Immigration reformers tell Breitbart News they want the GOP to reach for a victory, instead of just blocking a DACA amnesty. But the reform groups also have to be careful not to alienate their anti-amnesty supporters and they argue opposition to amnesty can only be overcome by wrapping it up in an ambitious, pro-employee, populist bill.
“This is the best correlation of forces that the immigration hawks have ever had, so it is absolutely time to take the initiative,” said Mark Krikorian, director of the Center for Immigration Studies told Breitbart News. The strategic goal should be piece-by-piece bills which drive down the numbers of arriving workers and migrants, even if the number-reducing deals require some limited amnesties of current illegals, he said, adding “ultimately it is [all about] numbers.”
“Getting reasonable [numerical] limits on immigration and ensuring that the people we do admit are net contributors to the country ought to be the primary job not just for Republicans but for anyone making public policy,” said Ira Mehlman, a spokesman for the Federation for American Immigration Reform. GOP leaders “have a great opportunity and they seem anxious to blow it,” he added.
The many illegals who might want to accept the three-for-one deal will be silenced by Democrats and the media. In 2013, progressives pressured a group of young illegals to reject a deal that would provide work-permits to young illegals, according to a 2013 report in the New York Times:
“A national organization of young immigrants said Wednesday that it would press for a “direct and straightforward” seven-year pathway to citizenship for all 11 million illegal immigrants in the country, and would not support measures that only offered citizenship to young people brought to the United States as children.
Leaders of the organization, the United We Dream network, issued 20 principles they would push for in the debate over an overhaul of the immigration laws, which is rapidly gathering speed in Washington. The young immigrants, who call themselves Dreamers, rejected proposals that would tie their progress toward citizenship to measurements of border security. They said any legislation should allow foreign-born partners in same-sex couples to gain residency.”
Senate Democrats — backed up by an army-sized chorus of business donors and lobbyists — oppose any reduction in the supply of new workers and immigrants. They have 48 seats in the Senate, so they can block any immigration legislation if they stay united. “My guess is that they would demand a much bigger amnesty,” said Jenks, the policy director at NumbersUSA. She continued:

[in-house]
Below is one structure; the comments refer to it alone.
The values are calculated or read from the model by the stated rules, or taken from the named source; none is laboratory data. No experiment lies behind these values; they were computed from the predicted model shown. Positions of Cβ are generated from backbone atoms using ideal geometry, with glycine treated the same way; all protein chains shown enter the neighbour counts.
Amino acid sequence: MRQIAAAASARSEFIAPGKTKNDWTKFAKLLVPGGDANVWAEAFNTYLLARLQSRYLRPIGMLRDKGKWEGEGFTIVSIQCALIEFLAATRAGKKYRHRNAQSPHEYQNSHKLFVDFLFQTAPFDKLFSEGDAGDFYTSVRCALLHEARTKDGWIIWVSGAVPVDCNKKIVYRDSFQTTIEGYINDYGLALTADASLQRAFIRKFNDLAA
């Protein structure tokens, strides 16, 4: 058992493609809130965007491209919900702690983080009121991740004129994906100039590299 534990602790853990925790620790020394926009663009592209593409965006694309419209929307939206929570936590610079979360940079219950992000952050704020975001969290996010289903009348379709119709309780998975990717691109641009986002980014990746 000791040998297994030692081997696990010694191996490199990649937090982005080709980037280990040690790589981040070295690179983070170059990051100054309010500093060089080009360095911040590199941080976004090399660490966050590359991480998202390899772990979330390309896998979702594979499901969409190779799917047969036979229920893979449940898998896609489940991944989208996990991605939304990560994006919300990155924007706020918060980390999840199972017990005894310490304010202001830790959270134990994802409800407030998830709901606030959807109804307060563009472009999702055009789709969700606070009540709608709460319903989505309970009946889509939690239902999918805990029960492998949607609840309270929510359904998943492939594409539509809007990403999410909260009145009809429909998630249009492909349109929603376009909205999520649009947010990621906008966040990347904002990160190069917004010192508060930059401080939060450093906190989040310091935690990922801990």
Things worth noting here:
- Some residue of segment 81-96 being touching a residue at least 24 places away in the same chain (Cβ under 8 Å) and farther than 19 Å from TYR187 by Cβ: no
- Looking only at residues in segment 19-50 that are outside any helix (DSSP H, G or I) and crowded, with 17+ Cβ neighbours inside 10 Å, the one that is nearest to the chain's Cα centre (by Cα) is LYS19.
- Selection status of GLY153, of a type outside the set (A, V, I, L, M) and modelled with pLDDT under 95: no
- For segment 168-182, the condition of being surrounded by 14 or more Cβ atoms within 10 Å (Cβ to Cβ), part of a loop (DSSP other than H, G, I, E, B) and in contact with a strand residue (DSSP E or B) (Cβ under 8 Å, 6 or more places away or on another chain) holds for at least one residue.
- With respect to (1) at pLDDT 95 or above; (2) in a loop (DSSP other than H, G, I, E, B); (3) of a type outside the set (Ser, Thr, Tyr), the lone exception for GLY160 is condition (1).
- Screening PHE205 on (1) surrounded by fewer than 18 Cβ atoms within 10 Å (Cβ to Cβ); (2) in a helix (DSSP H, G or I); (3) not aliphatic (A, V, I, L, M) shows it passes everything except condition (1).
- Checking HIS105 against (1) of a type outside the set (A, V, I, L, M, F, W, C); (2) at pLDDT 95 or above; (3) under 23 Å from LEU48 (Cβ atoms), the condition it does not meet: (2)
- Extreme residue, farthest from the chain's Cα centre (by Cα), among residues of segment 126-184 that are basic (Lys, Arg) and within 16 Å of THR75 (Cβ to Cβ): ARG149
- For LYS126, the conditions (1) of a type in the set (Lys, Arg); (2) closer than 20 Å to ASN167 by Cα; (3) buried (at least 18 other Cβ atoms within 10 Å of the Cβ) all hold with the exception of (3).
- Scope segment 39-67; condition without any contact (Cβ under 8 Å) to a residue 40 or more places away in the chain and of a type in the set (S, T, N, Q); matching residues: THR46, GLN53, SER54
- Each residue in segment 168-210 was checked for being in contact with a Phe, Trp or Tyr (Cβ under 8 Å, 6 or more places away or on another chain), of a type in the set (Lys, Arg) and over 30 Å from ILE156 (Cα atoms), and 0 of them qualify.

The Democratic Party sees immigrants — legal and illegal — as future Democratic voters. It does not matter how they get to voting status, whether through amnesty or immigration status, they just want them to get here. I don’t think [a deal] is possible if the 10 Democrats who are up for election in states where Trump won don’t listen to their constituents. It is possible if their constituents basically force them to vote the right way on the package … in exchange for a DACA amnesty.
Democratic party opposition to a high-wages-and-small-amnesty package would be a high-risk strategy before the 2018 elections. If the Senate forced a vote, at least 10 Democratic Senators up for election would be forced to either reject a GOP bill which provides populist benefits to many voters — plus a limited amnesty to younger illegals — or else reject the deal because it is not beneficial enough for illegal immigrants. That would leave the GOP leaders with a popular and populist bill heading into the 2018 elections against a pro-illegal, obstructionist Democratic Party.
The three-for-one proposal would also face brutal opposition behind closed doors from business lobbyists who are paid by the CEOs and investors who will lose billions of dollars if Congress ends the national cheap-labor economic policy. Several business groups have admitted that Trump-backed cuts in the labor supply would push up wages. But higher wages also push down profits, so slashing the stock-market wealth of many business leaders, including Facebook’s Mark Zuckerberg.
The U.S. Chamber of Commerce and the IBM has already denounced immigration cuts. “We oppose attempts to cut legal immigration,” Neil Bradley, the chamber’s policy chief, said November 16. Cuts are “harmful for the economy and for America as a whole,” he said, according to a report in Arkansas Online.